The Consul General of Turkey in Chicago, Fatih Yildiz gave a talk entitled “Turkey and Its Foreign Policy in a Changing World.”
Past Events Highlights
Jaime Bue, Outreach GA at the IAUNRC, gave a short presentation to the audience describing the history and looking at a few art pieces that exemplify the cross-cultural contact of the Silk Road.
In one of the final events of the semester, the Central Eurasian Studies Colloquium 2012-2013 presented a lecture by Dr. Ablet Kamalov, Chief Research Fellow, R.B. Suleimenov Institute of Oriental Studies, Almaty, Kazakhstan. Dr. Kamalov, a visiting scholar at Indiana University’s Inner Asian and Uralic National Resource Center, gave a lecture entitled, “The Eastern Turkestan Republic (1944-1949) Through the Eyes of Western Diplomats,” which presented an alternative history based on his research in the United States.
On the evening of April 6th, 2013, the conference goers of the 20th Annual Central Eurasian Studies Conference filled a lecture room in Woodburn Hall for the keynote address. This year’s keynote speaker was Professor Tsering Shakya, Canada Research Chair in Religion and Contemporary Society in Asia, Institute of Asian Research, University of British Columbia.
Every year for the past two decades, the Central Eurasian Studies Conference has taken place on the Bloomington campus of Indiana University, hosted by the Association for Central Eurasian Students (ACES), a graduate student organization housed in IU’s Department of Central Eurasian Studies. Continuing in this tradition, the conference took place this year on April 6th and marked the 20th year of its inception.
On the weekend of March 23-24th, 2013, scholars of Hungarian studies convened for the 32nd György Ránki Hungarian Chair Symposium entitled, “Hungary on the border-land of two world powers: the Habsburgs and the Ottomans.” This symposium, which brought together scholars from across the U.S. as well as from Hungary, was sponsored by the Indiana University György Ránki Chair in Hungarian Studies, Department of Central Eurasian Studies, Inner Asian and Uralic National Resource Center, and Russian and East European Institute.
On March 19th, 2013, as part of the Tibetan Studies Student Association Lecture Series sponsored by the Department of Central Eurasian Studies, the Inner Asian and Uralic National Resource Center, and the IU Student Association, Dr. Roberto Vitali shared some of his preliminary findings that critically reexamined one of the defining moments in Tibetan-Mongol relations—the Drikung Rebellion of 1290. This rebellion resulted in the devastating massacre at Drikung Monastery by the Mongol armies of Qubilai Qan.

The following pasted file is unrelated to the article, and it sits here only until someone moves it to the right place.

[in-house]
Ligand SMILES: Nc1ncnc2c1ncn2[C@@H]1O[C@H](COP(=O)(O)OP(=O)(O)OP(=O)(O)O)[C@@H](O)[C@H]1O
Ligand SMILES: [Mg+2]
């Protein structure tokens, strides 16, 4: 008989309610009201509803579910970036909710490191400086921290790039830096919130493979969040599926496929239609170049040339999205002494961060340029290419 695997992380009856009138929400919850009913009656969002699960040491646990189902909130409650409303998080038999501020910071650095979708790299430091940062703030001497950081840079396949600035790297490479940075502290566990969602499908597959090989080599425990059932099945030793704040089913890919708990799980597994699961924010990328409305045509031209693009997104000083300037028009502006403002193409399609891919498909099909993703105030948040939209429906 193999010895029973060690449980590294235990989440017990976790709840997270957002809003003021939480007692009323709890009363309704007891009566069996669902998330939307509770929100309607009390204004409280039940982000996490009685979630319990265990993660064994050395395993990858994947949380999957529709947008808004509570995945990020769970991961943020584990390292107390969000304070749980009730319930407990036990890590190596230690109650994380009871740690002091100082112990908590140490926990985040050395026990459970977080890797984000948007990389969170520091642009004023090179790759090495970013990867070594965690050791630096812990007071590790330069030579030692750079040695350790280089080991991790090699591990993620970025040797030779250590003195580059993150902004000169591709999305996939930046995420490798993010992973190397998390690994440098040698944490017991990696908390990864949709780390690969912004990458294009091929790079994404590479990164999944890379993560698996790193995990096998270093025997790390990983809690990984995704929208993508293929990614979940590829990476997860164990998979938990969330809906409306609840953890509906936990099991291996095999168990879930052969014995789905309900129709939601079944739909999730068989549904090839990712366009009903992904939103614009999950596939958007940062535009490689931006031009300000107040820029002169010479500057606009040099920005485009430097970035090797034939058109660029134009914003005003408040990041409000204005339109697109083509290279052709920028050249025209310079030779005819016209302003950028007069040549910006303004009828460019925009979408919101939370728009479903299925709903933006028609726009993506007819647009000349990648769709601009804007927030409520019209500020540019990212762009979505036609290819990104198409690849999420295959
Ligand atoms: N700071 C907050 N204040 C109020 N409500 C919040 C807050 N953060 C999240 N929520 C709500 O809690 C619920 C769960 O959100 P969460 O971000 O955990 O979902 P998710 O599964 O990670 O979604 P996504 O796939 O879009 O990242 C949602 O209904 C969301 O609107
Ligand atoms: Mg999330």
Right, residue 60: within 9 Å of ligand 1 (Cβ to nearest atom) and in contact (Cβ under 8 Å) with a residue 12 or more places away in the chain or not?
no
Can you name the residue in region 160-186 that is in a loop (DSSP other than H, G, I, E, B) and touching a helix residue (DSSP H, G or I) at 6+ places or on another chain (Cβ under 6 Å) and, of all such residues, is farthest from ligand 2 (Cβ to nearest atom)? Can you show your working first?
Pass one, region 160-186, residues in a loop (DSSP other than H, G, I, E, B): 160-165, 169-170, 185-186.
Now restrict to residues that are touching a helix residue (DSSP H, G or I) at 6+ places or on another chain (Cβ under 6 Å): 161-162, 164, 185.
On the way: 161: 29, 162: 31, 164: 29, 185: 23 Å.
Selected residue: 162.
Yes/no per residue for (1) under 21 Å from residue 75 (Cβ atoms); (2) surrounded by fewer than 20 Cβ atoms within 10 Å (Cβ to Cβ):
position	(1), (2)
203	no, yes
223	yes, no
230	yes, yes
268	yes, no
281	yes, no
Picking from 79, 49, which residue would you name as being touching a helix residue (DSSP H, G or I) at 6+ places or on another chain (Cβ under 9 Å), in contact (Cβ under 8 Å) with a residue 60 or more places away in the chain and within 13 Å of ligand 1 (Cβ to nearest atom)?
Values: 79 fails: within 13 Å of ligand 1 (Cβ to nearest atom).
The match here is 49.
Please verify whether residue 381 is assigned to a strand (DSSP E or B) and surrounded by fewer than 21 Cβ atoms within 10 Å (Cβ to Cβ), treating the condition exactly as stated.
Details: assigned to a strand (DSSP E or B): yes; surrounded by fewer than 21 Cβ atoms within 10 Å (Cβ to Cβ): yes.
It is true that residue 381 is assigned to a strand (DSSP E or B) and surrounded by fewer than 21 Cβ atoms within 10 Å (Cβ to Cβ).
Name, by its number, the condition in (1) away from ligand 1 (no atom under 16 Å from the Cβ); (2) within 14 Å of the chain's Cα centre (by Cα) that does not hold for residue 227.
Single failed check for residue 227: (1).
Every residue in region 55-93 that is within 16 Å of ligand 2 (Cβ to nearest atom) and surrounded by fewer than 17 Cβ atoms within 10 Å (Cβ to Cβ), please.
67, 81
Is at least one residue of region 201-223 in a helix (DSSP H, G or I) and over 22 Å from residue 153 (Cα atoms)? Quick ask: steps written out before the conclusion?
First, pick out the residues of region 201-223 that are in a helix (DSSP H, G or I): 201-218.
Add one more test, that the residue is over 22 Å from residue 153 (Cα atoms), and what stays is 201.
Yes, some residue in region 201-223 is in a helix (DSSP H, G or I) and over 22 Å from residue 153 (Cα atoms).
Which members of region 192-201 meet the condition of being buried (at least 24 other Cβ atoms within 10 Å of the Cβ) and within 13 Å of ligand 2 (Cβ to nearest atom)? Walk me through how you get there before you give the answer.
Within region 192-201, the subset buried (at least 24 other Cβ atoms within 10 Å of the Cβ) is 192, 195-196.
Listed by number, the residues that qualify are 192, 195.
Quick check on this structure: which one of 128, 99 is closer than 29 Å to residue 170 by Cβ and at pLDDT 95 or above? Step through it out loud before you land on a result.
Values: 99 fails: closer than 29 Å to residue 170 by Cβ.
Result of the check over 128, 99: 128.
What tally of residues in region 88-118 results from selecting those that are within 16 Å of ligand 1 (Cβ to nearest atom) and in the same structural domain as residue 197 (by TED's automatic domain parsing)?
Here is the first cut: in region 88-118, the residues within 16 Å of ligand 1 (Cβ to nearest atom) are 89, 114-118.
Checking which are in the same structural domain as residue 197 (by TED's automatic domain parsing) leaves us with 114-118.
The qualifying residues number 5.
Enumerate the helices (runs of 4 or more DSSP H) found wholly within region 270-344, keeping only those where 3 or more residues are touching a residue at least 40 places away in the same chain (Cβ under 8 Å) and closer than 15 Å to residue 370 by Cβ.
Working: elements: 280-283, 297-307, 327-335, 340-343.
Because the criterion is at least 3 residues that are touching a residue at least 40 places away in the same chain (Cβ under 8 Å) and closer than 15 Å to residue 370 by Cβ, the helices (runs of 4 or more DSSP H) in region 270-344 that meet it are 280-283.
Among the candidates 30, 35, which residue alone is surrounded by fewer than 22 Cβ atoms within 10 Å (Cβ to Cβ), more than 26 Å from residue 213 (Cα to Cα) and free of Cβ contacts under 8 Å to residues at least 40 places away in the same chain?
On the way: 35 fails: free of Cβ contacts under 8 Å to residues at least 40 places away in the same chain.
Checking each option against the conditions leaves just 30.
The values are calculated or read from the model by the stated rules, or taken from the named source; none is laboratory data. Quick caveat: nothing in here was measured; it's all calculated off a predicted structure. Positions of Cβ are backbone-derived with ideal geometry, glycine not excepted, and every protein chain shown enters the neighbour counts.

On February 28th, 2013, Professor Carole McGranahan presented a puzzling story that painted an unusual picture of Mao Zedong in Tibet. McGranahan, Associate Professor in the Department of Anthropology at the University of Colorado, Boulder, was part of the Tibetan Studies Student Association Lecture Series sponsored by the Inner Asian and Uralic National Resource Center, Department of Central Eurasian Studies, Sinor Research Institute for Inner Asian Studies, and the Indiana University Student Association.
On February 20th, 2013, Dr. Robert Vitali presented to the Central Eurasian Studies Colloquium a little known version of the least known historical period of Tibet—the “period of fragmentation” following the collapse of the Tibetan Empire in the 10th century. This period, spanning from about the 10th to the early 13th centuries, has been characterized by many scholars as a “dark age” for Tibet, as very little information exists about it in the historical record. Dr. Vitali shed some light on this little understood period, in particular, challenging the dominant historical narrative that claims that Buddhism was extinguished during this time in Tibet.
As part of the Central Eurasian Studies Colloquium, Dr. Saule Satayva gave a talk entitled, Recovering the Richness of Central Asian Nomadic Culture: The Challenges for Public Memory.